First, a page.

Grief and glee go hand in hand in the name of a good lie for the loveable family in Lulu Wang’s sophomore feature The Farewell. Billi (Awkwafina) is a Chinese-American woman living in New York, an aspiring artist still finding her feet.
Her priorities drastically change when her beloved grandma, Nai Nai (Shuzhen Zhao), is diagnosed with Stage IV lung cancer, and her family decides not to tell her. Instead, they stage a wedding (for Billi’s cousin and the woman he’s been dating for a grand total of three months) as a celebratory cover to let everyone say their goodbyes without letting fear or sadness ruin final moments of togetherness.
Wang brings her own family memories to life in this charming and tender film, itself based on the story she told on ‘In Defence of Ignorance’ show from the This American Life podcast. The Farewell chronicles a close-knit family distanced by two cultures, two countries, two ways of dealing with bad news: dwell on a sad truth, or hide it – making every last memory a good one.
Performance is everything, and the filmmaker successfully marries comedic talent with sensitive writing to universalise her experience. Awkwafina’s comic timing brings charm to secret moments of sadness, and the ensemble cast by her sides offers pantomimic commitment to the act of keeping secrets. These layers of lies and protection bring wisdom to an implausible premise, and the always-present love of every family member anchors the humour beautifully.
The Farewell tastefully captures the conflicted identity of first-generation immigrants, as much within their own family as when facing the rest of the world too. As much at the dinner table as in morsels of lost conversation (most of the film is spoken in Mandarin), Billi’s experience is very specifically Chinese, but the delicate framing of memories recreated like polaroid photographs feels accessible to a wide audience.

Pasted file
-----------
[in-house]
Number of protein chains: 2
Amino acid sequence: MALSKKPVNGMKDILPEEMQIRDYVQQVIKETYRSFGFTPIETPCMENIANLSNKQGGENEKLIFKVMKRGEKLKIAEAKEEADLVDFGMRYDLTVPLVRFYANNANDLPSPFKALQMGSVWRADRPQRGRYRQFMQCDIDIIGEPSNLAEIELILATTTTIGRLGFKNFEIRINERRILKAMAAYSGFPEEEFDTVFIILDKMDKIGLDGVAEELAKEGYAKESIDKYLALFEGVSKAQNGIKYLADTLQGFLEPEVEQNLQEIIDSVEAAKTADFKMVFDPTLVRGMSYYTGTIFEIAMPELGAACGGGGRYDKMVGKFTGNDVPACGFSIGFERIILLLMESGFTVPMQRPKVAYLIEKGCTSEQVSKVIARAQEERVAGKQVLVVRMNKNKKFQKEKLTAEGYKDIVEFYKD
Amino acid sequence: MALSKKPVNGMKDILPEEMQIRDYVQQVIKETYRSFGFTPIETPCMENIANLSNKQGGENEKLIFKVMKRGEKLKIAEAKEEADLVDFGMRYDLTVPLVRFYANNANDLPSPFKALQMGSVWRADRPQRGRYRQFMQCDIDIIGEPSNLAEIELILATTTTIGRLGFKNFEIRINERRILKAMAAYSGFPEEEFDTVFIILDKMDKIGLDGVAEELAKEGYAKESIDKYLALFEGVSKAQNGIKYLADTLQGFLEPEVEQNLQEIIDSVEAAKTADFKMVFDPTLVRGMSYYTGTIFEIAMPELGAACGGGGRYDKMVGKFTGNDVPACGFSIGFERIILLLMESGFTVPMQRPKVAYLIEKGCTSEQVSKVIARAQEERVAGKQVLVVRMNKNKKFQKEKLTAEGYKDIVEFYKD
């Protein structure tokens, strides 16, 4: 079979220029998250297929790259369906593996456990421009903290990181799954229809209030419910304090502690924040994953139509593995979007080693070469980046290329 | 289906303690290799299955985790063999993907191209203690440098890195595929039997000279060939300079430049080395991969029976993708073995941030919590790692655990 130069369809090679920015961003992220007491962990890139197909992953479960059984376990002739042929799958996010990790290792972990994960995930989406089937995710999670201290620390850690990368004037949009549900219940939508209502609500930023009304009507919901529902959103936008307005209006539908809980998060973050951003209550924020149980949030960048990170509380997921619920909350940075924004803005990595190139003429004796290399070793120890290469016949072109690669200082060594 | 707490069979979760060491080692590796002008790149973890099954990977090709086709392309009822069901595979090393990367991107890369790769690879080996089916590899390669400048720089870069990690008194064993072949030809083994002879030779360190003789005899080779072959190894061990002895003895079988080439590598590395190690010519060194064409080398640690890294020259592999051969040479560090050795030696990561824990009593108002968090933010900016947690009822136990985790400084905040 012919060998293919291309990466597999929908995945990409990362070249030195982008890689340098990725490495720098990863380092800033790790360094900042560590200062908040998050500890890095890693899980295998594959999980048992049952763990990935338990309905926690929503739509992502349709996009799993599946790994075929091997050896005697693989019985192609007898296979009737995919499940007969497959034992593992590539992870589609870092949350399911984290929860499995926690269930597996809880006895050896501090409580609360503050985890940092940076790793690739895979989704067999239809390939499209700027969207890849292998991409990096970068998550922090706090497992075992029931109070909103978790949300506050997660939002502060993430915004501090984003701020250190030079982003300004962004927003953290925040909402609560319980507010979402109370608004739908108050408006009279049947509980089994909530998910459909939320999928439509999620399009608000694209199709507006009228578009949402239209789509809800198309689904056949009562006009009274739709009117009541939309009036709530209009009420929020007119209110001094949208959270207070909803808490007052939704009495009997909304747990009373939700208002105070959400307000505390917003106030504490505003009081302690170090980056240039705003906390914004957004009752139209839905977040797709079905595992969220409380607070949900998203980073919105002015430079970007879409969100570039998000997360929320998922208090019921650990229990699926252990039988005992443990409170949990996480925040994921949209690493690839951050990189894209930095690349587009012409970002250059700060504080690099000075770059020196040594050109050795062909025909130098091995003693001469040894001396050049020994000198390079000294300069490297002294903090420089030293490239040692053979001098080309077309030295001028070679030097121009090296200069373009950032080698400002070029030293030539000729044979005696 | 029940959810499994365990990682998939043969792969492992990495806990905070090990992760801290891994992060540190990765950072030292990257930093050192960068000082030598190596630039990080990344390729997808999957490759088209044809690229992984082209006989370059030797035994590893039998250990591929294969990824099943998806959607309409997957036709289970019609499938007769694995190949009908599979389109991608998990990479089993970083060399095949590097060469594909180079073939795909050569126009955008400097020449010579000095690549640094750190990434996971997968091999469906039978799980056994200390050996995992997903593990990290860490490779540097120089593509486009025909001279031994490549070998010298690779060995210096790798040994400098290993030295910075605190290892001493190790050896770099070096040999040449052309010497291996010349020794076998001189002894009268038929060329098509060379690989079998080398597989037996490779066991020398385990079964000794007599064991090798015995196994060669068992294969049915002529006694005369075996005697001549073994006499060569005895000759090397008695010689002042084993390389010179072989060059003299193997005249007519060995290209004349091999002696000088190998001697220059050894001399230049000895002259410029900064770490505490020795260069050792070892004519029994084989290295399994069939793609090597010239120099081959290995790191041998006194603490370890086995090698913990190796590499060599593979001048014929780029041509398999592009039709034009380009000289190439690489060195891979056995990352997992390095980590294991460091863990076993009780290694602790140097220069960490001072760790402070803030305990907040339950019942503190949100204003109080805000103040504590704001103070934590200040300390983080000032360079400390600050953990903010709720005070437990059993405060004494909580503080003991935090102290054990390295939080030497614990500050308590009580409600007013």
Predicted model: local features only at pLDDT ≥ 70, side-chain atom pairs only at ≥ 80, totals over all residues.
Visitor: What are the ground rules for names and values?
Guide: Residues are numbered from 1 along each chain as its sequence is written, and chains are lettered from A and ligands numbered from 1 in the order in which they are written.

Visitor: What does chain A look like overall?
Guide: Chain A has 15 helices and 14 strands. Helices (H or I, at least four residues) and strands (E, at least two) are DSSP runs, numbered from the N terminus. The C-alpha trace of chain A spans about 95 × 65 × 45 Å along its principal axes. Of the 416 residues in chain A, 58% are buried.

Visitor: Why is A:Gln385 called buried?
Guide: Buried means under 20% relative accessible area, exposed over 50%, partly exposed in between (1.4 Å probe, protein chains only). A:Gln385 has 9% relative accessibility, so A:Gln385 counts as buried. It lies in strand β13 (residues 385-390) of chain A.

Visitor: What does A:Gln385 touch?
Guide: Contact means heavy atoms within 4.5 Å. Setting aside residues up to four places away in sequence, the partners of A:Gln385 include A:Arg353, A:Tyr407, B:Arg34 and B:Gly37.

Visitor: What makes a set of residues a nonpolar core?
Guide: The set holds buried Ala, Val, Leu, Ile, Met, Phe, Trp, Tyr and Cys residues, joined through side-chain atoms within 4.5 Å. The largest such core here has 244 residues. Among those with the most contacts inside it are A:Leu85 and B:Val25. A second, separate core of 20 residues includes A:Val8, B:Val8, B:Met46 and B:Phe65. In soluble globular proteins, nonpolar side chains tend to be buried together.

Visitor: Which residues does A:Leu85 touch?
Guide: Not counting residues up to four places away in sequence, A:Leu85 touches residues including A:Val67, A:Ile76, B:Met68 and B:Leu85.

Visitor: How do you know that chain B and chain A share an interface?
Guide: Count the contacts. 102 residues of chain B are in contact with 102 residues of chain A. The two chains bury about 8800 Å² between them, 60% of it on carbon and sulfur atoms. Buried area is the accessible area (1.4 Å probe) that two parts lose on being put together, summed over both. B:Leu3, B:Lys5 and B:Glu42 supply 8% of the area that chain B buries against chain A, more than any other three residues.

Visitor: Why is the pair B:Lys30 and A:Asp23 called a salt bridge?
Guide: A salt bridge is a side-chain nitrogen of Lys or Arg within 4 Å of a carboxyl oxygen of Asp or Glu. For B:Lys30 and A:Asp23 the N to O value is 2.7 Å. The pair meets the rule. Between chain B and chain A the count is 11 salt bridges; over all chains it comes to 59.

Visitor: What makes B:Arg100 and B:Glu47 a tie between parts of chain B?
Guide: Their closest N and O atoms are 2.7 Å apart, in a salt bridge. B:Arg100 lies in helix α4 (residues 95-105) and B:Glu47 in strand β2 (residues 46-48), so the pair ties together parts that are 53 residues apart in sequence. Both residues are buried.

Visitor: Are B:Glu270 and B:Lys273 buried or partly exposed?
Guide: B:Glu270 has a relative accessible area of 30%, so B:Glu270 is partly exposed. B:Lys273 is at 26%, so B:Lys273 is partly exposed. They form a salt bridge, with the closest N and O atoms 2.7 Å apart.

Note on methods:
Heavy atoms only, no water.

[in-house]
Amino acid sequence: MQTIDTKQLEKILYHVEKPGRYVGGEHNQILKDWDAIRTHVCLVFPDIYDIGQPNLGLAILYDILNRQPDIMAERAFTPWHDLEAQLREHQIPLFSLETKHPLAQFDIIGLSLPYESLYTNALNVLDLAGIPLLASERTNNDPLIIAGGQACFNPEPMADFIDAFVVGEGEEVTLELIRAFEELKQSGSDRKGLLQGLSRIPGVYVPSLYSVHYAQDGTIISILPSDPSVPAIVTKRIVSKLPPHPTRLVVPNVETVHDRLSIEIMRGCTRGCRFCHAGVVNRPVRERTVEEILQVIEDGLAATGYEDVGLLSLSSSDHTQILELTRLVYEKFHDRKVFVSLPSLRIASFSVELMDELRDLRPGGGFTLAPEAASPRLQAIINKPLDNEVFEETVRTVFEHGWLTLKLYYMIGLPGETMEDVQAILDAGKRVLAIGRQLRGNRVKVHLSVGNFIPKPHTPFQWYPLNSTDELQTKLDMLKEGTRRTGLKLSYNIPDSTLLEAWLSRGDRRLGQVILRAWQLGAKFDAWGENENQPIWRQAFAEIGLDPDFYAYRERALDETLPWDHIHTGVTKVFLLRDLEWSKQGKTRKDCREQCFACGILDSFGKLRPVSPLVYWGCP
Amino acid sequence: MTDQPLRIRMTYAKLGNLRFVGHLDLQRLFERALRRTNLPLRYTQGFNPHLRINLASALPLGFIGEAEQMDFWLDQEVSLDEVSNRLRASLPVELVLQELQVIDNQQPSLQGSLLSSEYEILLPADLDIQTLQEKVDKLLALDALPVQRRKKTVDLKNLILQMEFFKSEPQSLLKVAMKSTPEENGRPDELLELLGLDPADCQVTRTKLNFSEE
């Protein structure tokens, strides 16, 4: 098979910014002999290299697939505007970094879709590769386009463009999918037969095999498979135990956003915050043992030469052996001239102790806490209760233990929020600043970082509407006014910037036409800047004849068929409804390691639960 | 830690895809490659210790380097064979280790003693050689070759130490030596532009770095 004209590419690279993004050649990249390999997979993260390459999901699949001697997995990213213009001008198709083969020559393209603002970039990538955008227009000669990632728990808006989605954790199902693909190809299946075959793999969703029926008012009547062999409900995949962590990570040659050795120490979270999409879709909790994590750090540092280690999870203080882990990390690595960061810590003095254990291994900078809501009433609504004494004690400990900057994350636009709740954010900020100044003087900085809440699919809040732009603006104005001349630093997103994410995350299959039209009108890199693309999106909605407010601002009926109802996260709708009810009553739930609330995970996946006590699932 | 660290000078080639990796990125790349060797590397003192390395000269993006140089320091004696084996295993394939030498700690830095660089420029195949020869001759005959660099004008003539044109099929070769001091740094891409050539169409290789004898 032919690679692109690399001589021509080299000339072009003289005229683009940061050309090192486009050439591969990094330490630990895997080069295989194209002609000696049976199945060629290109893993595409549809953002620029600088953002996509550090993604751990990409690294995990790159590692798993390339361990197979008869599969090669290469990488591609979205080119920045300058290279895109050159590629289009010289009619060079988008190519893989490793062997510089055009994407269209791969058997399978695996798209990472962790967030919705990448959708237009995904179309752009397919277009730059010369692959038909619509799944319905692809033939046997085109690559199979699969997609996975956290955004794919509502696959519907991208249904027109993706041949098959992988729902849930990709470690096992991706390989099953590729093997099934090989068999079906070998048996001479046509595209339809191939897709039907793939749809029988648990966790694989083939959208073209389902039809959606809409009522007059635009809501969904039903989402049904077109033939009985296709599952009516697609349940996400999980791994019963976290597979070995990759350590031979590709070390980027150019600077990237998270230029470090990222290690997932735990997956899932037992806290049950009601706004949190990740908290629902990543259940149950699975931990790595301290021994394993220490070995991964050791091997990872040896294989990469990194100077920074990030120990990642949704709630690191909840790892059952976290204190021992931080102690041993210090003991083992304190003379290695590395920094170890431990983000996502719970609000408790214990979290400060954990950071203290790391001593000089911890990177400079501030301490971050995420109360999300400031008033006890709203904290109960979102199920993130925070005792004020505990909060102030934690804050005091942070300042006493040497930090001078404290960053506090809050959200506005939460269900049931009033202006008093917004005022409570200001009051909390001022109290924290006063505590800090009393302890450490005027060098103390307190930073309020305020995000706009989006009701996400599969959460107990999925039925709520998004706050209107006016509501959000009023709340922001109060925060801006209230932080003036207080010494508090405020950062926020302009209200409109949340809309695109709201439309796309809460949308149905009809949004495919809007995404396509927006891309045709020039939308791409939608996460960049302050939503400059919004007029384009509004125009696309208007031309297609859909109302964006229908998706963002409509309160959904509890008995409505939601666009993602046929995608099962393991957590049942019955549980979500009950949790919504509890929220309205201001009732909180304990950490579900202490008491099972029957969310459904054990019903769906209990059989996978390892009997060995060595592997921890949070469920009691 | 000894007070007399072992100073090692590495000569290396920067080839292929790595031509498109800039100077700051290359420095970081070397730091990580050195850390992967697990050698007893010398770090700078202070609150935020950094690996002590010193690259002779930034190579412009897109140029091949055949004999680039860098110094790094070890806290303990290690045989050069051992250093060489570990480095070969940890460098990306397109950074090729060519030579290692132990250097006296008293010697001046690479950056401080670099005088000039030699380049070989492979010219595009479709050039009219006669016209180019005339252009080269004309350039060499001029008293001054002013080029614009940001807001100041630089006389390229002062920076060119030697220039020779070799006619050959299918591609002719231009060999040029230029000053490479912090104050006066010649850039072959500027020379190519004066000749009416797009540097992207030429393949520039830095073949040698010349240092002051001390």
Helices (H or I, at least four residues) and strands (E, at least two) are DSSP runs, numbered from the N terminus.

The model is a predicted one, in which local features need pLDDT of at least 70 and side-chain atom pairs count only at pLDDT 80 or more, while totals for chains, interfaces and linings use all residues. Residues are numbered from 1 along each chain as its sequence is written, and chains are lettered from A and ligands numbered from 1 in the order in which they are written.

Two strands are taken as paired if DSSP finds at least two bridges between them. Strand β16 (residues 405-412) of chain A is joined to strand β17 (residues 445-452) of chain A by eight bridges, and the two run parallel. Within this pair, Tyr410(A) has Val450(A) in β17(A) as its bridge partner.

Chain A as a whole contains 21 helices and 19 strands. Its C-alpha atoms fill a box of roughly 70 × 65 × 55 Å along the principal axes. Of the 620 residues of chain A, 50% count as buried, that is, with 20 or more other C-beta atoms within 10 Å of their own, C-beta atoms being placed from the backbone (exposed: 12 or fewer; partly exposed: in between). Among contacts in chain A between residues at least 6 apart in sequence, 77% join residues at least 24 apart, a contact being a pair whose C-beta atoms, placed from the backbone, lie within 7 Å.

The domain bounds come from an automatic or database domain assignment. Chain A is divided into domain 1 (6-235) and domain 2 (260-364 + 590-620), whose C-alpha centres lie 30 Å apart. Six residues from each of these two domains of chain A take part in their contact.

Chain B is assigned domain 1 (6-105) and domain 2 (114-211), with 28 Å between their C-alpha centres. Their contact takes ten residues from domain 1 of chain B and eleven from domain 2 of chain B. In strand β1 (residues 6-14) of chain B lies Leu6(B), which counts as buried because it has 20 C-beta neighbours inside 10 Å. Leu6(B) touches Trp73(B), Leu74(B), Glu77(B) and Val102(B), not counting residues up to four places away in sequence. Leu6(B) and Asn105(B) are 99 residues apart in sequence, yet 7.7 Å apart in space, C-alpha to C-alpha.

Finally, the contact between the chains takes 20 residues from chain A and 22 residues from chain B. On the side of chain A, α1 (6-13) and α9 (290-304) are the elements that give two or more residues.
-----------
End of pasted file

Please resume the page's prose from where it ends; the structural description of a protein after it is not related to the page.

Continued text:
The emotion is designed and performed so vividly that the film occasionally loses intimacy, but the family’s chemistry grounds the drama with believable, and such loveable, warmth. Awkwafina stakes her claim as a serious dramatic talent, treading the line between bereavement and entertainment with precise skill. But Nai Nai is the real showstopper – Zhao plays the family’s lynchpin with outstanding verve, at once tough, judgemental, and endlessly devoted to her family.
No one wants to die alone – and a life lived in love, surrounded by those who deserve it the most, gives The Farewell a deeply empathetic appeal. The five stages of grief are softened, replaced with every exciting moment of planning a celebration. Sometimes, all it takes is a little white lie to save a life.
|What||The Farewell review|
20 Sep 19 – 20 Sep 20, TIMES VARY
|Price||£determined by cinemas|
|Website||Click here for more information|